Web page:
CDP’s (formerly Carbon Disclosure Project) Europe report for 20181 provides an invaluable window into the state of climate-related risks and considerations among Europe’s largest companies, and signals that environmental issues have taken precedence within corporate boards.
This second annual study, published last week, polled 859 companies from 24 European countries during 2018. The region has some of the world’s most advanced climate regulations and is home to many of the world’s corporate environmental pioneers. The 2018 questionnaire asked companies to report on their action on climate change, forests and water security and was newly aligned with recommendations from the Task Force on Climate-Related Financial Disclosures (TCFD).
CDP found that 80% of companies have identified climate-related risks facing their businesses. Around half of respondents cited increased operating costs as a result of climate-related policy and legal changes as a potential problem, the most commonly cited risk. Over a quarter of respondents said these headwinds are already present or soon to be.
“This report evaluates in greater detail than ever before the perception of future opportunities and risks,” CDP wrote. “In analyzing these disclosures, it has been possible to take a deeper look into how companies are building sustainability into their longer-term strategy.”
Opportunities in change
Interestingly, a higher share (85%) of companies saw climate change as providing growth opportunities, the report found. The highest such response (71%) came from the possibility of offering new products or services. About 40% saw opportunities from improved resource efficiency, while just over a quarter said growth may come from harnessing clean energy sources.
One shortfall, however, is that few companies in 2018 were either willing or able to publicly quantify the financial value at stake from climate-related risks and opportunities.
More than a third (35%) of businesses have Chief Executive Officer oversight on climate matters, CDP said. About 6% of them said they have a dedicated top-level executive focusing on sustainability, such as a Chief Sustainability Officer.
While environmental concerns have grown among Europe’s executives, it is still not fully clear to what extent they are being followed by action, CDP’s report said.
“One thing that is clear across all areas of disclosure is that sustainability is now a boardroom issue that requires governance at the most senior levels,” the report said. “However, there is still a question over whether these environmental challenges are being sufficiently factored into strategic decision-making, or acted upon swiftly enough.”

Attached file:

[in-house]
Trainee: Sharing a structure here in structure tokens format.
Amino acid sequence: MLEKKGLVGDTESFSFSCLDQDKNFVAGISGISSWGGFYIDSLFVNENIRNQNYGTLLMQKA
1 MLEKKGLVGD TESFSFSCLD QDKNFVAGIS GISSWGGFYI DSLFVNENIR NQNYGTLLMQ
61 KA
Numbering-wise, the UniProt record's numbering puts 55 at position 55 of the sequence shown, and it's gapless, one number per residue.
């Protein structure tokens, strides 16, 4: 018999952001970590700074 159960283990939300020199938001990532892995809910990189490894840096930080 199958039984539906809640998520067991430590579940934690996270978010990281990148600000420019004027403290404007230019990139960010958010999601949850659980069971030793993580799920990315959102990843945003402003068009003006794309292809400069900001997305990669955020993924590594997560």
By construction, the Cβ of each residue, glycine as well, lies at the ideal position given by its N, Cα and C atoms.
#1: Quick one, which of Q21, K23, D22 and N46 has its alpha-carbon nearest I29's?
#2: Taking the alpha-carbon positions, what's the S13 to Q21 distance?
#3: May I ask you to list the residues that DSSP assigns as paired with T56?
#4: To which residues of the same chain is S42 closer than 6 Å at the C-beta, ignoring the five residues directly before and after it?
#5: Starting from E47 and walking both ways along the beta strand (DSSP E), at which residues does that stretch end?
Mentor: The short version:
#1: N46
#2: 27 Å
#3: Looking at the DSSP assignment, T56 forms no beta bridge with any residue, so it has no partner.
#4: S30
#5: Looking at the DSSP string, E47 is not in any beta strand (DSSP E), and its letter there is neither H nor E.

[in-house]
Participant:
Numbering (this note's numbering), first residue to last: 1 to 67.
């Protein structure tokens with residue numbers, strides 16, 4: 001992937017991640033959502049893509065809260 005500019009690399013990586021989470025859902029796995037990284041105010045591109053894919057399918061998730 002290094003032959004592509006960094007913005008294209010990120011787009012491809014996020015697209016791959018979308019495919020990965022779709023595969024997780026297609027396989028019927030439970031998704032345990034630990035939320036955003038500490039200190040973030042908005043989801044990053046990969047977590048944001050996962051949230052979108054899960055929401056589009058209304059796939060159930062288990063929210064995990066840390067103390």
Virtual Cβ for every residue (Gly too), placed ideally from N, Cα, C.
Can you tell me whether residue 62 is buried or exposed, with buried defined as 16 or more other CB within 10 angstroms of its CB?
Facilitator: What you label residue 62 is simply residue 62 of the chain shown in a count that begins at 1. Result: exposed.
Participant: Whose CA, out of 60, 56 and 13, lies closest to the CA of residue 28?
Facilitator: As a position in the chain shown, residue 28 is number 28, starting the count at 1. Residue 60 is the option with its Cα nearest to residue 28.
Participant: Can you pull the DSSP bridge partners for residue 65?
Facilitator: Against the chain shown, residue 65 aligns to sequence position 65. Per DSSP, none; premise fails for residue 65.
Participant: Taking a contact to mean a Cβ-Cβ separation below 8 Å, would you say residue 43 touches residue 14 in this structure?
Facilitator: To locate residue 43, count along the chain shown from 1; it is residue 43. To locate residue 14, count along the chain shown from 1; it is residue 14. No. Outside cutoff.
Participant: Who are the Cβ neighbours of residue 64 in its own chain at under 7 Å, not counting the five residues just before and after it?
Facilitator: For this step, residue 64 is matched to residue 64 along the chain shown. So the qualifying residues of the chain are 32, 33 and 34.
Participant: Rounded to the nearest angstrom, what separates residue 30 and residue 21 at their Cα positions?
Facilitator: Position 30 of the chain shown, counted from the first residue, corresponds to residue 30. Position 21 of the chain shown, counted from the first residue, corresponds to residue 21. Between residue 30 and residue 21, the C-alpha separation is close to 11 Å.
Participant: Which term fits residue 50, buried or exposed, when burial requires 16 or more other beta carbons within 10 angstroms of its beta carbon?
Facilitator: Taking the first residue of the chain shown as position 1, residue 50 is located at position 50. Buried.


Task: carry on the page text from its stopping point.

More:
Carbon emissions and supply chain
Elsewhere, the report highlighted European corporates’ progress in reducing carbon emissions. Two-thirds of them periodically disclose their greenhouse gas emissions performance. However, only a small number said they fully follow best-practice recommendations in this field, CDP reported.
A total of 58% companies that reported in 2017 and 2018 showed a reduction in emissions. A tenth of participating companies said they were working towards zero emissions, becoming carbon neutral or net positive, the report said. At the same time, more than half of companies that see business risks from climate change have no emissions reduction target in place.
The report also sheds light on the level of management, reporting and executive oversight of climate-related risks by company, country and industry. It asked which companies see risks emanating from either their customer base or suppliers, and whether they have climate-related scenario planning in place. The questions covered current performance but also forward-looking business impact.
CDP is STOXX’s partner in low-carbon products. The data company ranks businesses worldwide according to their efforts to combat climate change, employing a score based on their past track record as well as future commitment towards a more sustainable world. CDP also provides STOXX with reported carbon emissions data.
Two of those joint products, the EURO STOXX 50® Low Carbon Index and the STOXX® Europe Climate Impact Ex Global Compact Controversial Weapons & Tobacco Index on Feb. 18 became the underlying for futures contracts on Eurex. The listings enhance the possibilities for environmental, social and governance (ESG) portfolio strategies. Futures on a third ESG-compliant benchmark, the STOXX® Europe 600 ESG-X Index, also started trading in February.
CDP has 656 investor signatories and 67 members worldwide, which oversee $87 trillion in assets.
- EURO STOXX 50® Low Carbon Index
- STOXX® Europe Climate Impact Ex Global Compact Controversial Weapons & Tobacco Index
- STOXX® Europe 600 ESG-X Index
1 CDP, ‘Higher ambitions, higher expectations,’ Europe Report 2018.